The national language is Hindi (written in the Devanagari script) which is spoken by 20% of the population and is the main language of the part of the country we visited, but there are 18 official languages and linguists have identified 1,652 languages written in 13 different alphabets. Fortunately 'nameste' means both 'hello' and 'goodbye' in both Hindi and Nepali and, in practice, English is a further national language.

    The traditional religion is Hinduism, which dates back to at least 1500 BC, and nearly 82% of the population are Hindus of one sort or another. Amazingly Hinduism venerates 330 million gods, but the three main ones are: Brahma (the Creator), Vishnu (the Preserver) and Shiva (the Destroyer). While only 12% of Indians are Muslim, this still represents more than 80M people which gives India the second largest Muslim population after Indonesia.

    Vee & Roger with staff of the Samode Palace Hotel

    Since gaining independence from Britain in 1947, India has been the world's largest parliamentary democracy. It is a federation comprising 25 states and seven territories, each with its own assembly, government and chief minister. At the federal level, there is a lower house called the Lok Sabha (Council of the People) and an upper house called the Rajya Sabha (Council of State). For the first 40 years of its independence, India's politics was dominated by the Nehru/Gandhi family and the secular Congress Party, but increasingly the Hindu nationalist Bharatha Janata Party (BJP) is the major force. At the federal level, the present Government is a Hindu-nationalist coalition led by the BJP under Prime Minister Atal Bihari Vajpayee.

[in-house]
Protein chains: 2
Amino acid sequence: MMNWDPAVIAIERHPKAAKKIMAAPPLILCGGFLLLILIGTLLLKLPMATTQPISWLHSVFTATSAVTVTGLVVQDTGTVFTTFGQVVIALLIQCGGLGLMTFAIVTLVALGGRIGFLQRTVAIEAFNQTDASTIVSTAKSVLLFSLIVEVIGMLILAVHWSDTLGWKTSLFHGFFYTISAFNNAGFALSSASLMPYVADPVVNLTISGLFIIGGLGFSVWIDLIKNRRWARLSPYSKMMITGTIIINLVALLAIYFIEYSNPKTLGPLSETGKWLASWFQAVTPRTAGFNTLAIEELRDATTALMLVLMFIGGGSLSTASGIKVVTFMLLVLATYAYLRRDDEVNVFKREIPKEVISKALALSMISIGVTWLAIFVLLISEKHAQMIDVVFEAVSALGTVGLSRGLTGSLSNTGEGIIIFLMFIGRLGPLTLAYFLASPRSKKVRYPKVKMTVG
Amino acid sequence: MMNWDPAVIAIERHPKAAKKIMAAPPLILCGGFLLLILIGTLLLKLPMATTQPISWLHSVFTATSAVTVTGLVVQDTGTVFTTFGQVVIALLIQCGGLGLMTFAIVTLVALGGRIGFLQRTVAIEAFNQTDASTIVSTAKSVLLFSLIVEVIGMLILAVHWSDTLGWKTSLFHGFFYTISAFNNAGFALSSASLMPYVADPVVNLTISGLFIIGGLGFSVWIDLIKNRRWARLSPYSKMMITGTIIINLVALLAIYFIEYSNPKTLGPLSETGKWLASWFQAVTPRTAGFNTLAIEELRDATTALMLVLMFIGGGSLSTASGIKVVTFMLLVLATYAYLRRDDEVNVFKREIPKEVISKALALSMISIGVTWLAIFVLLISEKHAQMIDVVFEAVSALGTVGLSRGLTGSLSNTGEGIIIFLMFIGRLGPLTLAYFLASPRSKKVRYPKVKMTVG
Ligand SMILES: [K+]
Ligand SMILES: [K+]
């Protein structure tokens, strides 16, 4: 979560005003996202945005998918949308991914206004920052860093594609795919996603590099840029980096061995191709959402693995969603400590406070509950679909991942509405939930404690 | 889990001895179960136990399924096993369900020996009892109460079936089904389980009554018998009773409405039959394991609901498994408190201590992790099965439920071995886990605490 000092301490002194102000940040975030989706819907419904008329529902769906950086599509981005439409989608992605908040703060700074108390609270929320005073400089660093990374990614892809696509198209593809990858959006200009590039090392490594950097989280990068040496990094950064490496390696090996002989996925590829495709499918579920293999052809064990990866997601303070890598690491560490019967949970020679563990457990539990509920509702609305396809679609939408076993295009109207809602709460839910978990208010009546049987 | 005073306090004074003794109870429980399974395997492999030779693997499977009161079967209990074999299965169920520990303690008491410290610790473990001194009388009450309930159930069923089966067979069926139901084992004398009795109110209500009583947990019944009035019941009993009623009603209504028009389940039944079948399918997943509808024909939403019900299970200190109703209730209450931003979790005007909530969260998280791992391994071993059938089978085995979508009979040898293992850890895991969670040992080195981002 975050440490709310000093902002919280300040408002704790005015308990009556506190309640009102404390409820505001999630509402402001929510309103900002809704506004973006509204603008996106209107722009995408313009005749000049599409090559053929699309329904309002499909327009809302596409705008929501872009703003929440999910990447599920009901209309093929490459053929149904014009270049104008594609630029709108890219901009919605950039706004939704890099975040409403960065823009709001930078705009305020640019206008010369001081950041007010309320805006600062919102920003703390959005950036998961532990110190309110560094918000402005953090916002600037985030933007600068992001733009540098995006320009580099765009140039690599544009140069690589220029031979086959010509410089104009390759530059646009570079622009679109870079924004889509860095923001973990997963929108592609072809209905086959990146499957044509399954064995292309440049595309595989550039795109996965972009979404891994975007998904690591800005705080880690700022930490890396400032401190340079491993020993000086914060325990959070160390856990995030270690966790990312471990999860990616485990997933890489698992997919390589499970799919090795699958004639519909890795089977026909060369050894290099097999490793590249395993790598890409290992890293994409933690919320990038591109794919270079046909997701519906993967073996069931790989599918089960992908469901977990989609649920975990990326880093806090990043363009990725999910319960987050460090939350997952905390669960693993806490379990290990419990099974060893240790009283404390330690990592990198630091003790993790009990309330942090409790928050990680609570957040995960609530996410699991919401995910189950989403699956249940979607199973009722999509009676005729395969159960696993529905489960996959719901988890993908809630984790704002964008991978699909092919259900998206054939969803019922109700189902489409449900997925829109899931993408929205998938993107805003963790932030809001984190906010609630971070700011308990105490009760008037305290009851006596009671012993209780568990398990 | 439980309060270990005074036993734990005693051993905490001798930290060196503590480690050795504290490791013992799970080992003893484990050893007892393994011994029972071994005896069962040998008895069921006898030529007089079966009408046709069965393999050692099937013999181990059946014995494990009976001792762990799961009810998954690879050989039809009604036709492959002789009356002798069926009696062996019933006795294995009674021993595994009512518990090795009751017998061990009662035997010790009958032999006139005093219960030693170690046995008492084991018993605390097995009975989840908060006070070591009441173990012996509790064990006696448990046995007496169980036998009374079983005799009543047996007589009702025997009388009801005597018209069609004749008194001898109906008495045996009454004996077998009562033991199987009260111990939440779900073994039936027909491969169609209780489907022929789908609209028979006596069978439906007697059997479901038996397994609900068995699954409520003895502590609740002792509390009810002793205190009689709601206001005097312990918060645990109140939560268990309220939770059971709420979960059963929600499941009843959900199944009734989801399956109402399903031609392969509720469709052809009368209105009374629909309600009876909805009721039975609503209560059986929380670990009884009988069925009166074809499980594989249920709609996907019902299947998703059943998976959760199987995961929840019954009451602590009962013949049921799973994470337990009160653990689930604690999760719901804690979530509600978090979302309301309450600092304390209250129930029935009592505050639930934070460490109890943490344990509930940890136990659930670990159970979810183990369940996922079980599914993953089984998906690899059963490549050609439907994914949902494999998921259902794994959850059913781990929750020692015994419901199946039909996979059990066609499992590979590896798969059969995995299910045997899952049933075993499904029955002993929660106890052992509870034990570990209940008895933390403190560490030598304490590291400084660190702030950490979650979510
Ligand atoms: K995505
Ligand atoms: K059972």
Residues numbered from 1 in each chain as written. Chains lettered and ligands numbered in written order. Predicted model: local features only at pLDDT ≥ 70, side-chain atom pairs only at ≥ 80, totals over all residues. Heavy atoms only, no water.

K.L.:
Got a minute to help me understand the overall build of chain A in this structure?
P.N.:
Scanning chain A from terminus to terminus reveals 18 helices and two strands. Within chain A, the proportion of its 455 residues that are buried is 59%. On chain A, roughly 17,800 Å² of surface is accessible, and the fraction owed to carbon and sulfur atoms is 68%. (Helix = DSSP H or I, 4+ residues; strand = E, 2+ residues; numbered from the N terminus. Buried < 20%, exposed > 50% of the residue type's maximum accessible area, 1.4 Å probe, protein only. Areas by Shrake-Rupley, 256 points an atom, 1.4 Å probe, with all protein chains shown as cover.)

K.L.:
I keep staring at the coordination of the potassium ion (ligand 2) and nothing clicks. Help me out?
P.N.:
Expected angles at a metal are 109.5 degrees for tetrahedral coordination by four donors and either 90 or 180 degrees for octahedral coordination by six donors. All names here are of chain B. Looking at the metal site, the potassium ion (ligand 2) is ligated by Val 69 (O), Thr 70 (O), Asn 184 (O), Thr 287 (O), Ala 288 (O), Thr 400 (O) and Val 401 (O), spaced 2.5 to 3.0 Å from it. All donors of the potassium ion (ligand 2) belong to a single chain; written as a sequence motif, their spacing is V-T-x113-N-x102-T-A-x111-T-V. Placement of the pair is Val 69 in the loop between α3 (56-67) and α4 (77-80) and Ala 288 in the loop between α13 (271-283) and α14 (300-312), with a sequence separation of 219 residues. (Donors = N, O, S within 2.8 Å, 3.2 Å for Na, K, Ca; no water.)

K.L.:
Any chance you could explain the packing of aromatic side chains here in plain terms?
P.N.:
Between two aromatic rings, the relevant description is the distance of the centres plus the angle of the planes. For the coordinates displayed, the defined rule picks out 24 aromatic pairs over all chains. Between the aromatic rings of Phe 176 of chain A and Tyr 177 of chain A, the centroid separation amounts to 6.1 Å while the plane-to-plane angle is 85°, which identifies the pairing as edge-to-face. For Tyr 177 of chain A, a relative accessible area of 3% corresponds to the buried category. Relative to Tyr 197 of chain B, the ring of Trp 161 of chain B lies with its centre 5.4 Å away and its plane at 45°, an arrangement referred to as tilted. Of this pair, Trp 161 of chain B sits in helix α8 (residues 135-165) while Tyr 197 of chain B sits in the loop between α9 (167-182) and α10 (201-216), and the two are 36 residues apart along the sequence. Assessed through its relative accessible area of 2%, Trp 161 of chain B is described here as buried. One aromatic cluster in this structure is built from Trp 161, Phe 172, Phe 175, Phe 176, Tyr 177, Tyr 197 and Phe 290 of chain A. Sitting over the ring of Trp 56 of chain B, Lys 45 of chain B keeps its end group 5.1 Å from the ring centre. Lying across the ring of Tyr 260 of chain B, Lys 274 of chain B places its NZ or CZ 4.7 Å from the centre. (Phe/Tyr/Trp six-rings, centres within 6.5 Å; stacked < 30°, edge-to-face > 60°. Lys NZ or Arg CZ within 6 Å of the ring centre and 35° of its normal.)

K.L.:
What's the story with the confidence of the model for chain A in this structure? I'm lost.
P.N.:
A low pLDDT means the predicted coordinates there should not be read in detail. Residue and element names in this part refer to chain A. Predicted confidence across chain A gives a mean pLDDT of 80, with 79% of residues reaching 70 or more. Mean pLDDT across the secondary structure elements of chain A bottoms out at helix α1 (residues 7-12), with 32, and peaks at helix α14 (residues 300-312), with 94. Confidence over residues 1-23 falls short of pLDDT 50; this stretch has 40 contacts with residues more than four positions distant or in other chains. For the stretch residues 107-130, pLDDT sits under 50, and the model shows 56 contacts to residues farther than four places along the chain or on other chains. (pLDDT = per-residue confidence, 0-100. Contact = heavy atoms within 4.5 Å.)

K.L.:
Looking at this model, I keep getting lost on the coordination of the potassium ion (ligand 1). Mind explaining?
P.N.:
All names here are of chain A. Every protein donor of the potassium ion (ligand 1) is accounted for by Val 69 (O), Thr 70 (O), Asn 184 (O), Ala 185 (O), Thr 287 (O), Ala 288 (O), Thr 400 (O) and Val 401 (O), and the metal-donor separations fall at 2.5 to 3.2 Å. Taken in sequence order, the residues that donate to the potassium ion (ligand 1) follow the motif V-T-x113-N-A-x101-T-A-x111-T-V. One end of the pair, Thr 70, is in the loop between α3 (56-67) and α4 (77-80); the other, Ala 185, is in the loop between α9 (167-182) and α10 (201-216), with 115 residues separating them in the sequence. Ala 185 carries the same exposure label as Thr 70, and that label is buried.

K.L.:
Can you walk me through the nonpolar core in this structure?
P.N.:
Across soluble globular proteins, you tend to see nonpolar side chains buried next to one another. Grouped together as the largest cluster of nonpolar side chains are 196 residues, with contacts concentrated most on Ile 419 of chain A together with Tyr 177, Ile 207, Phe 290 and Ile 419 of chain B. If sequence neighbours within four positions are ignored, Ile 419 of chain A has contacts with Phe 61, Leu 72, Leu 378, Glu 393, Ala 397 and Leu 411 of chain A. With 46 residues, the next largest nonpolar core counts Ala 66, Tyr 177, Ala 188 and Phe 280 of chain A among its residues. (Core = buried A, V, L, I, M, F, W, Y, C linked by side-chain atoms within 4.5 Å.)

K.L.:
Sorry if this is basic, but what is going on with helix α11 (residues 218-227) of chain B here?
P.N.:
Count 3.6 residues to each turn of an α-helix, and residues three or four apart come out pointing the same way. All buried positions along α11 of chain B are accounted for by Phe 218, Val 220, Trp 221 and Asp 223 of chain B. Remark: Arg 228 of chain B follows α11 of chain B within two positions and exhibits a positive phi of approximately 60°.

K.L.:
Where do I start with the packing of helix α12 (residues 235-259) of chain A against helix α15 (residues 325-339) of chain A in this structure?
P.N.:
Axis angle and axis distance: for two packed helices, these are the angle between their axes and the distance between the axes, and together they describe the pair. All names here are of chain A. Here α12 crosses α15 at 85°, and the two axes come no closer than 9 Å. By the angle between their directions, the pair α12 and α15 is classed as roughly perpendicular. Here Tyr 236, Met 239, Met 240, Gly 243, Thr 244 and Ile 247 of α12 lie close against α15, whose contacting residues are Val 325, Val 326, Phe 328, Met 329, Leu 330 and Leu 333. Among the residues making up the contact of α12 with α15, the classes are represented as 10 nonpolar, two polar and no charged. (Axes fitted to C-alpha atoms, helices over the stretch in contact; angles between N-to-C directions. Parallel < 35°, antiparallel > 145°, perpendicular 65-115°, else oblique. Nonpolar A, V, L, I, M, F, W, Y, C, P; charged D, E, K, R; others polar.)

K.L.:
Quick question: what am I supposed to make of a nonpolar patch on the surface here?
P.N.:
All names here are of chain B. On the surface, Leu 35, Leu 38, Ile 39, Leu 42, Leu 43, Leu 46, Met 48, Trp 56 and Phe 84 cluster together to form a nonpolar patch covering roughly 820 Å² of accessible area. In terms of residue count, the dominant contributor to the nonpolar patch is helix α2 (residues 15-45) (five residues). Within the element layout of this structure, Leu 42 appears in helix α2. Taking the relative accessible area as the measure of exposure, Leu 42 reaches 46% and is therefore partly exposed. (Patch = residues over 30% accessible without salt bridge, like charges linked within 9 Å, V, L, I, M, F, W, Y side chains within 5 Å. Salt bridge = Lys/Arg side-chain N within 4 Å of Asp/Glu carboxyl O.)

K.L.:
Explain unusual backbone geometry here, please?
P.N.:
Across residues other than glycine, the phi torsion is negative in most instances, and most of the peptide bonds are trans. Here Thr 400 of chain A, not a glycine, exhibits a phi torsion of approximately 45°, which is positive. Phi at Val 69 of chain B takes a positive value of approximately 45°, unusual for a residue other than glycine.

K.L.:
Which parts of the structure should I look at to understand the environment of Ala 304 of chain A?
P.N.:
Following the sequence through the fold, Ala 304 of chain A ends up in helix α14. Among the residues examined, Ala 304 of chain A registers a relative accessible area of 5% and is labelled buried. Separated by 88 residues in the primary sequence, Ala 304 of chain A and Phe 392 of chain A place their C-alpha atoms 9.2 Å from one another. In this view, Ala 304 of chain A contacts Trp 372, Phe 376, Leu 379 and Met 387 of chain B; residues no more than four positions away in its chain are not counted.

GDP growth is currently running at around 5% a year. Poor infrastructure, high interest rates and tariffs, plus widespread corruption have made India uncompetitive in manufacturing. However, the service sector is growing rapidly and there has been considerable growth in tele-working with India becoming something of a back office to America's front office.

    The Berlitz pocket guide to India states: "This land is a constant challenge to mind and body, a glorious shock to the system. It is no place for the faint-hearted. India is exhilarating, exhausting and infuriating".